The Education Entrepreneur

Rajeeb Dey MBE, the youngest member of Future Planet’s advisory committee at the age of 31, has been founding and leading organisations since he was just 17. From entrepreneurial internship platform “” to professional learning services provider “Learnerbly,” Raj’s businesses have channelled his passion for reshaping the landscape of work and education in the 21st century. This week in the Future Planet Blog we pick his brains on start-ups, social impact and the “series A crunch.”


“I suppose I became an entrepreneur by accident.”

At first this might sound like false modesty from the man who spent much of his time at University presiding over the Oxford Entrepreneurs student society, has subsequently founded multiple companies and has been deeply involved in government-backed policy initiatives on the subject, most notably StartUp Britain. “I stumbled into it by trying to change things that I thought needed to change, fix what I thought was broken. It wasn’t about wanting to start a business.”

Dey was only 17 when UnLtd – the foundation for social entrepreneurs of which he is now a Trustee – offered him a small grant of five thousand pounds to establish what became the English Secondary Students’ Association (ESSA), now known as Student Voice. “If that hadn’t happened, I don’t think I’d be doing what I do today,” he says.

In that instance, the problem that ‘needed to change’ was the absence of a powerful student voice at school level. “As the ultimate customers of education, students should be engaged in feedback and improvement of the system: I found out that most countries had bodies for that but the UK didn’t.”

Later, he found himself at the heart of another problem: the 2008 financial crisis and the increasing difficulties that young people were experiencing in finding work. “I became passionate about helping people into employment and about encouraging them to consider entrepreneurship as an option for that.” Thus was born.

A “bottom-up” philosophy the consistent thread running through his subsequent projects in education, to work, to job creation, to talent development. “The world has changed,” he reflects. “With today’s technology, with the rise of millennials, the ways in which people consume and share information have changed. Education, professional development, recruitment - all of this must change as well.”

At his latest start-up, Learnerbly, every employee at the companies with whom they partner receives their own dedicated “learning budget” and can choose from a range of training courses, conferences, educational materials and other resources. Many of these have been recommended and reviewed by staff at other companies in the same industry. The individual can even spend the money on something else, with their manager’s approval, as long as they review it for the wider Learnerbly network.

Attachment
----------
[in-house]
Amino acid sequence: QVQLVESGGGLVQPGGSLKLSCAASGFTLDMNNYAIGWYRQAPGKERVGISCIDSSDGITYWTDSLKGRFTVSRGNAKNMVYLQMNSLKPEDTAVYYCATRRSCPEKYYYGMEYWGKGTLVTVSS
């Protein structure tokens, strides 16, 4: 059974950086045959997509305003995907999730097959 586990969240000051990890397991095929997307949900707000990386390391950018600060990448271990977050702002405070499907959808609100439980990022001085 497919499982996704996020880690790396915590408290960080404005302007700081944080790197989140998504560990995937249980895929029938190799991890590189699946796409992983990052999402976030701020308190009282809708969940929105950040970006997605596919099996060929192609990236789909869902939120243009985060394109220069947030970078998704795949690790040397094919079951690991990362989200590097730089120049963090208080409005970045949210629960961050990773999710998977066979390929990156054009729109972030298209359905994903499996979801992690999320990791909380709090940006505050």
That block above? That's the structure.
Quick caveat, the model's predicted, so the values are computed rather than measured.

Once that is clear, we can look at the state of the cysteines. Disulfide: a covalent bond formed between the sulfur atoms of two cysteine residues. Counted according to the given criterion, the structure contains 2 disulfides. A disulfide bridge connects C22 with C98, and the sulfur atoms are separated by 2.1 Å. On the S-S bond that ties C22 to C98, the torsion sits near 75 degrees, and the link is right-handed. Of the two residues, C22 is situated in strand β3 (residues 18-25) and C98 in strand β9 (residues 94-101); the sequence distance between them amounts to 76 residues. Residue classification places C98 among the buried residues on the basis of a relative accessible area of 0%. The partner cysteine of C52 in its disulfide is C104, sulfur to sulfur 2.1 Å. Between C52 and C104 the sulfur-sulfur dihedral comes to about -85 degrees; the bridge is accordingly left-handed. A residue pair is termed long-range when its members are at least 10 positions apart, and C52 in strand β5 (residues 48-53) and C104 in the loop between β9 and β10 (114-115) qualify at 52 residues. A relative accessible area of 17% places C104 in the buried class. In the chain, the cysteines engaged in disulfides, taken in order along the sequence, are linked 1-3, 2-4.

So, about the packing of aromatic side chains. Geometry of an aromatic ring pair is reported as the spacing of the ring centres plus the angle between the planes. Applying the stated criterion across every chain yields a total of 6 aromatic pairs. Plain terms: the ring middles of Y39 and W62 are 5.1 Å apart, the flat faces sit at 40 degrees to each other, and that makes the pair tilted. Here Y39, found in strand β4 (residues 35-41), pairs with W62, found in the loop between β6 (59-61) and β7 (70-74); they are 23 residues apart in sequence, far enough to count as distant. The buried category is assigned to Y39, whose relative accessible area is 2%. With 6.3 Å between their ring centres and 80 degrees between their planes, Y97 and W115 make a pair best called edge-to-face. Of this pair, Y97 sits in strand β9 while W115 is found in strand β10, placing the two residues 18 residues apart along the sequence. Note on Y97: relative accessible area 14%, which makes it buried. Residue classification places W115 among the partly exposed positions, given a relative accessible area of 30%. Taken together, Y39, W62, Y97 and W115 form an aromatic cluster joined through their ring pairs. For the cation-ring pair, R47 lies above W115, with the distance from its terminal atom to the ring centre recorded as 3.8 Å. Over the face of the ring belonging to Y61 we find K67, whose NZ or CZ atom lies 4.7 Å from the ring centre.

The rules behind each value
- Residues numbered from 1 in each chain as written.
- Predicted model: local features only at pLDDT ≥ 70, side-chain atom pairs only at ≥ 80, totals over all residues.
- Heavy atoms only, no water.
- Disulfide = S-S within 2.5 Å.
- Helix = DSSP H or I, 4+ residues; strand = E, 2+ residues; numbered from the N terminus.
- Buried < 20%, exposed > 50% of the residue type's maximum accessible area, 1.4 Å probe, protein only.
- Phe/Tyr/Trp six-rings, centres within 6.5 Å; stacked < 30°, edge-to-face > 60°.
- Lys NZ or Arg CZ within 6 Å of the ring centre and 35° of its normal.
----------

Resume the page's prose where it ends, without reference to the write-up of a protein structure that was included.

Moving away from the old model, in which companies determine their employees’ training needs from the top down, the new model leverages individual empowerment and inter-firm knowledge sharing.

“This issue is particularly important for millennials,” says Dey. “They want to learn, to grow, to develop their skills.  This is one of the biggest reasons why they’ll join a company, and one of the main reasons why they choose to leave.” The two major groups currently consuming his service are fast-growing technology companies and advertising agencies – relatively young firms with relatively young workforces.

Funding in focus

“The UK has a very strong early stage funding scene, with angel investors and seed investors. EIS and SEIS relief for angel investors has also helped more money to go into the space. There are a lot of business competitions to get people started, especially at top universities,” says Dey. “But then comes the pre-series A crunch. “A lot of companies can get started but it is far harder to find investors for that series A fundraising. Later, at growth stage, more money is available. But that’s a big hurdle.”

In some ways, he notes, the US climate is somewhat more benign for start-ups – particularly those that emerge from university tech transfer – than the UK. “The UK does perhaps take a more onerous and heavy-handed approach to intellectual property,” he explains. “The US is more light-touch. There’s this philosophy at places like Stanford that you should support start-ups to do well and that when they do well the founders will often come back and donate to the university.”

Dey gained his first hands-on experience of the US university innovation environment in 2008, while collaborating with the Global Entrepreneur Programme at the government department then known as UK Trade and Investment – now the Department for International Trade. “We explored creating a new university venture capital fund focused on innovation. A fund called Peer Venture Partners had just been launched in the US and UKTI were potentially interested in replicating that in the UK,” he explains. “I was out there speaking with people, speaking with entrepreneurs.”

Yet the project did not proceed. “It was very forward-thinking, but the conclusion was that the UK was just not ready for that as a model. It would also have been very hard to fundraise in the climate at the time (the financial crisis had just hit).”

He has therefore watched with great interest as new firms and models have subsequently emerged in the UK to support the development of university-related innovation. “There are more specialist university-based funds starting. There’s more private money flowing into the sector. Models like CIC [Cambridge] and OSI [Oxford] have emerged.”

As an advisor to Future Planet Capital, Dey sits at the front line on these developments, working to improve the investment ecosystem around entrepreneurship. “These are exciting changes. A lot of progress has been made. But a lot more still needs to be done,” he states. This ‘accidental entrepreneur’ remains an advocate at heart.